Brock, Fred V. Department of Meteorology, University of Oklahoma, Norman, Oklahoma.
Doviak, Richard J. National Severe Storms Laboratory, National Oceanic and Atmospheric Administration, Norman, Oklahoma.
Last reviewed:December 2019
- Wind effects
- Accuracy and resolution
- Related Primary Literature
- Additional Reading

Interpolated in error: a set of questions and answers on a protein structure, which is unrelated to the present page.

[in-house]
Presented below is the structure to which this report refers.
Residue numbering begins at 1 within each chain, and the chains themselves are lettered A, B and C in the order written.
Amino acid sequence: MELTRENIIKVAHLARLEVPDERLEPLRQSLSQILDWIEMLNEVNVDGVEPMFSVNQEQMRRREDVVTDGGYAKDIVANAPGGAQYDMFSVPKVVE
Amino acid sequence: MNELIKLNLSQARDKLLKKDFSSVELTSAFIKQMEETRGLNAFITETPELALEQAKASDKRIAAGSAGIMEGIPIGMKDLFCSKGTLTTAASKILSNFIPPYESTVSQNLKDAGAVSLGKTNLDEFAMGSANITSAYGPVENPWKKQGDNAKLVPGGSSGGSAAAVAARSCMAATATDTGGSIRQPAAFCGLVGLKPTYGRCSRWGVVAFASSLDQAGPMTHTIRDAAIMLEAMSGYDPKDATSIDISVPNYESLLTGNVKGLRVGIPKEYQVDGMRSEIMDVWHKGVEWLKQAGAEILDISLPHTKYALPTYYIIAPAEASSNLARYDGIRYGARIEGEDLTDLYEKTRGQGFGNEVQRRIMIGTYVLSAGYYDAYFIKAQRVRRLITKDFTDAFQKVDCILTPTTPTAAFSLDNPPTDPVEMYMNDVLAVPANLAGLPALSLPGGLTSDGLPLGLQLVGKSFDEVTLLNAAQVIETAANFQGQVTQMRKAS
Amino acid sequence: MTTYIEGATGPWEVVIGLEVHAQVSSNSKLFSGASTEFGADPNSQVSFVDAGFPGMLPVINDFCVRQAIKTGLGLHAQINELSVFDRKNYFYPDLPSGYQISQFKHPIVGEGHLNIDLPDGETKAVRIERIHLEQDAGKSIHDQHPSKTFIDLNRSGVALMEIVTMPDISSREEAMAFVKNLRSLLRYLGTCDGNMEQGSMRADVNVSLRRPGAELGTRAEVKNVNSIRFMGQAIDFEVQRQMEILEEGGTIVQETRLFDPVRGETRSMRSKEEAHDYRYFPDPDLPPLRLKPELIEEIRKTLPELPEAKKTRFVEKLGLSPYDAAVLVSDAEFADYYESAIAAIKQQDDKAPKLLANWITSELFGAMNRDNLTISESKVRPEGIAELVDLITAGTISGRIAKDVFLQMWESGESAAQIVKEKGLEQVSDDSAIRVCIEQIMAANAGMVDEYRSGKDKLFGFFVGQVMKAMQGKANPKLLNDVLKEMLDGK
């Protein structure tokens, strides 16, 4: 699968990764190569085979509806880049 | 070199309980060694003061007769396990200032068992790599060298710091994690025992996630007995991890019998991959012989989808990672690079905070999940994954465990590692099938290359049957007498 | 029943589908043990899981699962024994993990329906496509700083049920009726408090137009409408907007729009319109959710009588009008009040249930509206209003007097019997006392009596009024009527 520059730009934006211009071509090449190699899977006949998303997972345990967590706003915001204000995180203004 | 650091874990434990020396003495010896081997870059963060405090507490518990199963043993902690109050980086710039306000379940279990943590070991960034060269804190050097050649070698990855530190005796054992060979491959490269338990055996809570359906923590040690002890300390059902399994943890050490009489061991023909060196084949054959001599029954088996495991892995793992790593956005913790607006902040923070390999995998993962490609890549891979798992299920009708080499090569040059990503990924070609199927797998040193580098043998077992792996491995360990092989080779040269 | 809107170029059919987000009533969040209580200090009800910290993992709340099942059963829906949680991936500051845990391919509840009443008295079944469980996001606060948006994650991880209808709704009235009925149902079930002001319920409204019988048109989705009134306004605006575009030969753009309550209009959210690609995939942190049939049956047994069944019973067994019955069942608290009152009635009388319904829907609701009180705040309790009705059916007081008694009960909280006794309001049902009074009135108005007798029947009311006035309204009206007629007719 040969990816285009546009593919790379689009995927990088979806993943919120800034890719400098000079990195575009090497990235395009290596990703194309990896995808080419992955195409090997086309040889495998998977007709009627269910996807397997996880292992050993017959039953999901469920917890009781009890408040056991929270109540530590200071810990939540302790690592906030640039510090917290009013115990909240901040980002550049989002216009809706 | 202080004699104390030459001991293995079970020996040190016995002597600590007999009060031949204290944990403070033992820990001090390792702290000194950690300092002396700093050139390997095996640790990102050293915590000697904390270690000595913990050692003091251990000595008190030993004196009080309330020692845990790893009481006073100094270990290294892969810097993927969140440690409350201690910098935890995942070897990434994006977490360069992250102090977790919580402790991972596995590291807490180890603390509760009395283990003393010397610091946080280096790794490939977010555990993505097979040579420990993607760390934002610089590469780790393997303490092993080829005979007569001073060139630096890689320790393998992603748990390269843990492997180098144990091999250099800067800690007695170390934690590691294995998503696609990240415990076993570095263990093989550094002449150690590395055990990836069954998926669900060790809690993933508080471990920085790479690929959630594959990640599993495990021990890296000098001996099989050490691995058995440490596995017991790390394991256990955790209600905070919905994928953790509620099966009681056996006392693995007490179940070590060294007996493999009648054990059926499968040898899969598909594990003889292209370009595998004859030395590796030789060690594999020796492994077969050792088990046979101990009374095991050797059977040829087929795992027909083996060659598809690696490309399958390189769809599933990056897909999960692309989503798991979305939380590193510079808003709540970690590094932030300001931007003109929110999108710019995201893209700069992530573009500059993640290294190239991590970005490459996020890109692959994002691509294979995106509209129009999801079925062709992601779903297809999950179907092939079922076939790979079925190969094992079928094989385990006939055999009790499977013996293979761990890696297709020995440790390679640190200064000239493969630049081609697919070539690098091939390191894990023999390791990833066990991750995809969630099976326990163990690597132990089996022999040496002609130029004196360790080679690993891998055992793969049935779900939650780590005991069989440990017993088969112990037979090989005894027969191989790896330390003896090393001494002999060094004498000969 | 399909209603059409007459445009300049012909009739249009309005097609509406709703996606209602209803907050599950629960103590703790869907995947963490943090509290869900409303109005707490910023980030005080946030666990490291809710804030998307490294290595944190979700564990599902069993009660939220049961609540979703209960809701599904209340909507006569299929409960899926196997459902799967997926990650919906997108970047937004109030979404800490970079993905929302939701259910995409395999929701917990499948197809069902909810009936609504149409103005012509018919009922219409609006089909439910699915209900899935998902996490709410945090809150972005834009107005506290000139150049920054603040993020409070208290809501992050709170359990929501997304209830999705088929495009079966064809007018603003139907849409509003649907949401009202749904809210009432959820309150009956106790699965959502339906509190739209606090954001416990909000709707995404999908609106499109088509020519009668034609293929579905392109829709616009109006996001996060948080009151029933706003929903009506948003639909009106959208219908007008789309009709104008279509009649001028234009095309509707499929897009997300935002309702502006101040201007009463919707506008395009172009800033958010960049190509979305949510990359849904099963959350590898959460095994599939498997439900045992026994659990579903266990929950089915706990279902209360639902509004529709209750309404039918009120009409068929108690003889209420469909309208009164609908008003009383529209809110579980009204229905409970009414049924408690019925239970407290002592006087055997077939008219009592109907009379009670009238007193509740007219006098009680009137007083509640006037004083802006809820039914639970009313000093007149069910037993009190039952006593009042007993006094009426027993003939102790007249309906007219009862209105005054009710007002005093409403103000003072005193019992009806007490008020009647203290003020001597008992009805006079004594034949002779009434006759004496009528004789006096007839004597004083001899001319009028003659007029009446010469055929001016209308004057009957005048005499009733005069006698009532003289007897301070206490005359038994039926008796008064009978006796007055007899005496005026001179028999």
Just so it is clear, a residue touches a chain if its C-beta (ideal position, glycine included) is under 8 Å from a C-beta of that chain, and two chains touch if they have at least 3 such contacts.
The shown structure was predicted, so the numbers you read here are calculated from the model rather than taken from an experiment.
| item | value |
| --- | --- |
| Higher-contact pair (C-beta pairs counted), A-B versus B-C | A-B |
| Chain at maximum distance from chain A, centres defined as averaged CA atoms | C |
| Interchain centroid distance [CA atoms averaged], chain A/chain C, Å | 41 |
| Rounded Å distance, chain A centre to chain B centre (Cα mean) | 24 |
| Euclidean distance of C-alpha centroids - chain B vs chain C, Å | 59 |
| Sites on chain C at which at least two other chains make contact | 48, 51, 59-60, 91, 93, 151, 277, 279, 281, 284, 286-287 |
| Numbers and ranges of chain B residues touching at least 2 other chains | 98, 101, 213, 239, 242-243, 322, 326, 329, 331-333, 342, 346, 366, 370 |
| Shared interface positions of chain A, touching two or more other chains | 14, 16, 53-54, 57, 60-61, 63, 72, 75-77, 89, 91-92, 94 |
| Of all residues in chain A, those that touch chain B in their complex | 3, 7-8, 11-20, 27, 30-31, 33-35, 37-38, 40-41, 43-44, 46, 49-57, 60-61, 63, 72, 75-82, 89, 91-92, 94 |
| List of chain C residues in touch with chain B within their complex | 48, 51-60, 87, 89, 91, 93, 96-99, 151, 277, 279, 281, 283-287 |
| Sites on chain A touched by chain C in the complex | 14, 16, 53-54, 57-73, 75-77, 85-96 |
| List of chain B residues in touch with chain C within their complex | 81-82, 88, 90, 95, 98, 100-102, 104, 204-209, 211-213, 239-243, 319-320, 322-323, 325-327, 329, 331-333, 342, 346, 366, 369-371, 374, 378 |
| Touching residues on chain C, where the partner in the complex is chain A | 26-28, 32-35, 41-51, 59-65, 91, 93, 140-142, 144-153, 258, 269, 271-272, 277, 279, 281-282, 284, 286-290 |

Instruments used to measure the amount of rain or snow that falls on a level surface. Such measurements are made with instruments known as precipitation gages. A precipitation gage can be as simple as an open container on the ground to collect rain, snow and hail; it is usually more complex, however, because of the need to avoid wind effects, enhance accuracy and resolution and make a measurement representative of a large area. Precipitation is measured as the depth to which a flat horizontal surface would have been covered per unit time if no water were lost by runoff, evaporation, or percolation. Depth is expressed in inches or millimeters, typically per day. The unit of time is often understood and not stated explicitly. Snow and hail are converted to equivalent depth of liquid water.
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